There are countless correct ways, and quite a few wrong ways, to do the ups that are required in the 5M RangerRun, that is the Push-ups, Sit-ups and Pull-ups. We recognize that each of us trains to a specific standard to improve in our fitness and discipline. At the Rallye66 Benefit 1 3 5 we have chosen to follow the standard our nation’s soldiers use for their APFT or Army Physical Fitness Test.
In an effort to keep the competition as objective and fair as possible we feel it very important to have a common standard that each movement is judged by. In addition to having the standards of the movements listed on the page and explained in video form, we will demonstrate each movement the day of the event and we will have judges present during the competition to ensure we are all operating from the same standard.
- Below you will find three videos that illustrate the judging standards we will follow. We have illustrated the correct movement in each video as well as a few common mistakes.
- A judge will explain and demonstrate the push-up, sit-up and pull-ups the day of the event.
- hands are to be at least shoulder width apart,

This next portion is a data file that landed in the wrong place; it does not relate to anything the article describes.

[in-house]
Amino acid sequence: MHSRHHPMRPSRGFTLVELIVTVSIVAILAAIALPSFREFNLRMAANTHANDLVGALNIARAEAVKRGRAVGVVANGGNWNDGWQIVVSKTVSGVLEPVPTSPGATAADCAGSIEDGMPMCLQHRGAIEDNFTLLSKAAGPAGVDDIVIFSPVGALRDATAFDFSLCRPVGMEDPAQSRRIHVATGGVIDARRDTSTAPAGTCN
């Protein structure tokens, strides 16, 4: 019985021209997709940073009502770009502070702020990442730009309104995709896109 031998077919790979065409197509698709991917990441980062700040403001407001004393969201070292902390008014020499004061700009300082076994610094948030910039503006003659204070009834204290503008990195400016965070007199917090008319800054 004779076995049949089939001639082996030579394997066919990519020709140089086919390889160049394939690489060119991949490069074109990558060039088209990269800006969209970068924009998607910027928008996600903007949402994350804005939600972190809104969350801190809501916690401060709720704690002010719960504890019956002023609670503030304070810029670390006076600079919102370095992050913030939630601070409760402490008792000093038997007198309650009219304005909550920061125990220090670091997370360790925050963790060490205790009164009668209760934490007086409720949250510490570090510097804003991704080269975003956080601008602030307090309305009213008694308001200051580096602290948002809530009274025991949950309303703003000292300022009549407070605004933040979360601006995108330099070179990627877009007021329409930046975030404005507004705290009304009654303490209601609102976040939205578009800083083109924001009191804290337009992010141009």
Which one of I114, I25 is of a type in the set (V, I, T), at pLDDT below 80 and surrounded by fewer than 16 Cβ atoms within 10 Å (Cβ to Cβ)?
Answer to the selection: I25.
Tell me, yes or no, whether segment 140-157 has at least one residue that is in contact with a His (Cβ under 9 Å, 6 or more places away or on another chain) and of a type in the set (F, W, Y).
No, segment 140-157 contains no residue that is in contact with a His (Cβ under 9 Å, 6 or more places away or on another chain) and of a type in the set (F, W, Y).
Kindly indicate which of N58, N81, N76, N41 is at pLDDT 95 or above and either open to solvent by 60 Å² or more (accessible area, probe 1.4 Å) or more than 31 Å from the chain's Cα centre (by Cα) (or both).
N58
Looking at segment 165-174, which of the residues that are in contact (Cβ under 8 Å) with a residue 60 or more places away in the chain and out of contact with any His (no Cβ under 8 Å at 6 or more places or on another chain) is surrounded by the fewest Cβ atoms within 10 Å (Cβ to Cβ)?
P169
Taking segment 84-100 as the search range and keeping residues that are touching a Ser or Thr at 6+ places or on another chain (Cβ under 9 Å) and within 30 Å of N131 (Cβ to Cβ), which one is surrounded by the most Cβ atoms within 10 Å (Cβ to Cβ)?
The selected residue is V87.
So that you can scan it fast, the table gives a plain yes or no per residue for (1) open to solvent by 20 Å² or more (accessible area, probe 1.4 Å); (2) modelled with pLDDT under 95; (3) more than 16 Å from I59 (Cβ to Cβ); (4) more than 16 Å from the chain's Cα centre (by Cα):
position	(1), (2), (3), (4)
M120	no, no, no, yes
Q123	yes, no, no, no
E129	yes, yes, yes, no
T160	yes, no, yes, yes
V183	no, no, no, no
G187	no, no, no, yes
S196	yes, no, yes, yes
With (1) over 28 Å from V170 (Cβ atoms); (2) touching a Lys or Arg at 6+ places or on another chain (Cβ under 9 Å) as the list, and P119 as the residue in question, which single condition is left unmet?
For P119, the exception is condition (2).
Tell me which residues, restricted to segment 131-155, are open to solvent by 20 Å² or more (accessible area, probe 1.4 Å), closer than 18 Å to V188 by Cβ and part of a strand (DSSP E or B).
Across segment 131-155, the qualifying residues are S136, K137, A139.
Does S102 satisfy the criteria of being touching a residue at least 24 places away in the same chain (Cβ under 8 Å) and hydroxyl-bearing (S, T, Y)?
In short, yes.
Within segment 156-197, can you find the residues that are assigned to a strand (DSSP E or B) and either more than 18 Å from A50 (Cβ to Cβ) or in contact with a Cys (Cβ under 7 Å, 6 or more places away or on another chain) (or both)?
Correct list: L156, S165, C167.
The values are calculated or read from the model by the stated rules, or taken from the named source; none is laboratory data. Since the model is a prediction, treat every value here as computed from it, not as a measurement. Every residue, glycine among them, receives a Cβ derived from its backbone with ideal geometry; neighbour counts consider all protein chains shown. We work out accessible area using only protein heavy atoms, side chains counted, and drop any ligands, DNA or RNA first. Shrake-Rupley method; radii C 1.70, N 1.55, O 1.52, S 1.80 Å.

- feet can either be together or up to 1ft apart.
- the body must form a straight line from your shoulders to your ankles
- head up & eyes looking forward
- starting from full arm extension and moving down until the arm breaks a 90 degree angle
- push back up to full extension.
- Placing hands beside the head
- legs bent to 90 degrees
- feet can either be held or not held
- starting from your back on the floor move sit up till your chest touches your knees
- go back down until shoulder blades touch the floor and repeat
- hands facing backward/palms facing you
- hands shoulder width apart
- from full extension bring your chin over the bar
- then back down to full extension
- Competitor is allowed one drop from the bar
- New for 2018 are the judges who will help us all compete by the same standards. These men and women are there not to micro manage but to help us all ensure we are staying as closely to the presented standards as possible. The partner you are coupled with to help you count your repetitions will be the first standard bearer and the judges are there to help guide the competitors.
While we are not trying to be Rangers, this competition is simply an opportunity for us to say “thank you” for all the hard work and dedication they have put into becoming an Army Ranger.